comrades in arms, both French and Americans; amongst others the brave and wise Colonel Hamilton, the friend of Washington, and who was afterwards unfortunately killed in a duel by Colonel Burgh. Hamilton, who had quitted the army and returned to civil life, was a lawyer, and pleaded in the courts and gave consultations. We often talked together,—much to my profit,—of the causes of the war, the actual condition of the United States, and the probable destiny of the nation. Anyone who had heard us talking about events which were then a matter of history, would have taken us for two of the speakers in Lucian's or Fénélon's Dialogues of the Dead.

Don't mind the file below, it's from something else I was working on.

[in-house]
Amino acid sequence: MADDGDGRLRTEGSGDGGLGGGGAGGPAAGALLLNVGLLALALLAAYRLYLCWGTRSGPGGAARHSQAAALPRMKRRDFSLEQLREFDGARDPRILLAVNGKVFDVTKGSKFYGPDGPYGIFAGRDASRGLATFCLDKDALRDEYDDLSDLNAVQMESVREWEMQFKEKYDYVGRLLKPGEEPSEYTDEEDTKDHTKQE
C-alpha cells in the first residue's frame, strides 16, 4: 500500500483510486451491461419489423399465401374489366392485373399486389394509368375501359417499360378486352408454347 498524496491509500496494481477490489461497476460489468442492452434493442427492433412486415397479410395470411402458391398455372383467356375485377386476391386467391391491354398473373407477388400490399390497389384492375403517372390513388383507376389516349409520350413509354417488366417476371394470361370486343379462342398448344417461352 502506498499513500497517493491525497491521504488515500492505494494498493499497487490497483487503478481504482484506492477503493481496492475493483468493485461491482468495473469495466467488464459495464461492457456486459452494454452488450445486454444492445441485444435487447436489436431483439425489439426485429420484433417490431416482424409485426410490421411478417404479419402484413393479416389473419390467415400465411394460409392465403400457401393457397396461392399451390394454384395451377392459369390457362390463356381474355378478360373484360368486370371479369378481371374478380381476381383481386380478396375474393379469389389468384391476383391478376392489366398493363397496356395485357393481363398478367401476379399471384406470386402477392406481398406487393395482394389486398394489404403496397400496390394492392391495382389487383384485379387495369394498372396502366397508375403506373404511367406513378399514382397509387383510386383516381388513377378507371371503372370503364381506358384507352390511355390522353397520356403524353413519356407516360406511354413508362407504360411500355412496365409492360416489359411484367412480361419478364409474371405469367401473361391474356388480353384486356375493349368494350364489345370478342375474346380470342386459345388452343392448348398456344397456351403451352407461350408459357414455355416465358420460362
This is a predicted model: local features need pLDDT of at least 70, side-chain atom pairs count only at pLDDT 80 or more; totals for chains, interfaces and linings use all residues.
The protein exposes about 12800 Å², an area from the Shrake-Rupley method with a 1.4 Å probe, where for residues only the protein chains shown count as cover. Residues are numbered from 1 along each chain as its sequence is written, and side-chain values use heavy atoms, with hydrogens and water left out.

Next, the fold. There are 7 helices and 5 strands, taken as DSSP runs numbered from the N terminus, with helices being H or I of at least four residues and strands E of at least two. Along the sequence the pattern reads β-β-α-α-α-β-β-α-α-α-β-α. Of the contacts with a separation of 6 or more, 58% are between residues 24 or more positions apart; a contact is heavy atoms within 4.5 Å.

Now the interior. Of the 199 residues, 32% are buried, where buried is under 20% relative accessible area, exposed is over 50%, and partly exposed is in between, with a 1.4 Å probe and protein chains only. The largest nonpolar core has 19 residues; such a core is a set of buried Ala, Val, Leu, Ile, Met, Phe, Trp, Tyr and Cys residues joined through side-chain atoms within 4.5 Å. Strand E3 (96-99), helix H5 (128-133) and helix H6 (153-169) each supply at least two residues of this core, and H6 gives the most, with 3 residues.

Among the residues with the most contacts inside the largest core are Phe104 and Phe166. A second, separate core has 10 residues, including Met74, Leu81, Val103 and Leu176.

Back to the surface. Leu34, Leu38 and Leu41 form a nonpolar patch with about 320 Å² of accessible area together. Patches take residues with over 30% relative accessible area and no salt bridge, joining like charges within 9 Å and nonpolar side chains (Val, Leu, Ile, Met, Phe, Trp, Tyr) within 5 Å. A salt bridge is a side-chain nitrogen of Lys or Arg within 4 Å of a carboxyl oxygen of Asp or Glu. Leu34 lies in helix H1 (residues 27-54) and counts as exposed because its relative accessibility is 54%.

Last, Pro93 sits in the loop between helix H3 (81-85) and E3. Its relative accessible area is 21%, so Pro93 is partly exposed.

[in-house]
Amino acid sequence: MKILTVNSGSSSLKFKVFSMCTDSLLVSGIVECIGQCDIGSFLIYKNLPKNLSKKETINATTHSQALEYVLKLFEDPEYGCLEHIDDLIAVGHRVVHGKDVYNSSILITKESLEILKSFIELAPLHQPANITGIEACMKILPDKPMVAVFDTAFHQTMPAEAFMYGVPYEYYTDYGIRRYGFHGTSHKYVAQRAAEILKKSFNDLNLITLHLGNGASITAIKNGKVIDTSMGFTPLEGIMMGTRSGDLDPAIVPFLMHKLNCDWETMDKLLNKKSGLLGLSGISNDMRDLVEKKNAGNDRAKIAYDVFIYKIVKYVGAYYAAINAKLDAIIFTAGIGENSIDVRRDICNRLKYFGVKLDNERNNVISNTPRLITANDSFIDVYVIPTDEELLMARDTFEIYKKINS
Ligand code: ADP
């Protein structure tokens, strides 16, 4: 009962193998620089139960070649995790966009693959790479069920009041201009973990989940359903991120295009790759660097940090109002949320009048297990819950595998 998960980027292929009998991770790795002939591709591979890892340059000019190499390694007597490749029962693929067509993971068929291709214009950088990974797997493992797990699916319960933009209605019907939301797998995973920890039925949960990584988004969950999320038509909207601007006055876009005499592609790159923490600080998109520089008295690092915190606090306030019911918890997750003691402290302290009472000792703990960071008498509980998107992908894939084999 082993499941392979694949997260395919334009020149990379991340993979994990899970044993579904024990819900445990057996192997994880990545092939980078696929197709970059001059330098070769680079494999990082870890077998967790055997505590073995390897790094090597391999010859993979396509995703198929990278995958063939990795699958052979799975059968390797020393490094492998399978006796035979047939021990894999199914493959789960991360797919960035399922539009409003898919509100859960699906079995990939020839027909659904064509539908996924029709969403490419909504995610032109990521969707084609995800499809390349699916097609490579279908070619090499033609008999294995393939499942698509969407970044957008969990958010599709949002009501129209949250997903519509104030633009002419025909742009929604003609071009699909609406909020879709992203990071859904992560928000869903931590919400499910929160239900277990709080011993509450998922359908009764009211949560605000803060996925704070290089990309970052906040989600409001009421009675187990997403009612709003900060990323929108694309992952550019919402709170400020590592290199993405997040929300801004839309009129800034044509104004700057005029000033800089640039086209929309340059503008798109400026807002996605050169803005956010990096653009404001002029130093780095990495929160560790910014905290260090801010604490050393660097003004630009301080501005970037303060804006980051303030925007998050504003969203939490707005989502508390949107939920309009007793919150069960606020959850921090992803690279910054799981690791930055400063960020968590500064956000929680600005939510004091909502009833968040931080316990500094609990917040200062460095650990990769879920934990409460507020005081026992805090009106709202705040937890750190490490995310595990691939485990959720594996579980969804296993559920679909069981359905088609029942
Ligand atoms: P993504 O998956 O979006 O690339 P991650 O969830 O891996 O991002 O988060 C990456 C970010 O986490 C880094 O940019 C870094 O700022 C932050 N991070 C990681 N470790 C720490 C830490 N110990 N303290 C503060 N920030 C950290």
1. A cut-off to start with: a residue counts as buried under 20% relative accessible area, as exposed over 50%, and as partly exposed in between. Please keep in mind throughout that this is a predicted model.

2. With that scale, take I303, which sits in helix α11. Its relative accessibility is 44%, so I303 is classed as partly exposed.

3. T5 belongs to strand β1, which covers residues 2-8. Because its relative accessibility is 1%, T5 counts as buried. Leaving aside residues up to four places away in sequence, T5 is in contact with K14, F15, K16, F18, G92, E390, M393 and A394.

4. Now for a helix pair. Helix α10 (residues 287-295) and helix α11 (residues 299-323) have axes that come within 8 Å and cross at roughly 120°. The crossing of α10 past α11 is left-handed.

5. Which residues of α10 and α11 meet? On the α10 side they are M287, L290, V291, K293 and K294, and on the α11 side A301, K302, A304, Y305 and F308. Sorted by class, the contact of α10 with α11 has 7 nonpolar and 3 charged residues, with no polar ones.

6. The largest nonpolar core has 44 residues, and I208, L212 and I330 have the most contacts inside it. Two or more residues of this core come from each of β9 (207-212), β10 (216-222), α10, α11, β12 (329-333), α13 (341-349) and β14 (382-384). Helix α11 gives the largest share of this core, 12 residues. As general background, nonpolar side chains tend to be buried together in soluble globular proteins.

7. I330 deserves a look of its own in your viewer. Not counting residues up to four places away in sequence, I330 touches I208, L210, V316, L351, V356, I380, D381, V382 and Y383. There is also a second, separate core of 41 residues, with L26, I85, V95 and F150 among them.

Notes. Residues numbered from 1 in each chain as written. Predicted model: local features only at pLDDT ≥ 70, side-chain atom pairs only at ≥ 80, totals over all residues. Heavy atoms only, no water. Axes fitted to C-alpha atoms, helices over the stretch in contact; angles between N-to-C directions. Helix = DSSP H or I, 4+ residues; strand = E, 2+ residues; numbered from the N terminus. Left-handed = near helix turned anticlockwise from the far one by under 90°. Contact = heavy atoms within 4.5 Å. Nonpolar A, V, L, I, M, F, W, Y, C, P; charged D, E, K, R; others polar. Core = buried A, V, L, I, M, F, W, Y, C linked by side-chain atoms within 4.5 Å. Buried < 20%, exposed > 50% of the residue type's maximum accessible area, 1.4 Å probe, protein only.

"The American War," I said, "began in a very singular manner, and was carried on in a way yet more singular. It seems to me, on summing up all my observations, that the English made a mistake in send-
- The error is obvious. Perhaps a Frenchman writing in 1828, can be pardoned for recalling Burr as Burgh, when an Englishman, nearly 70 years later, describes Farragut as "the great Confederate admiral."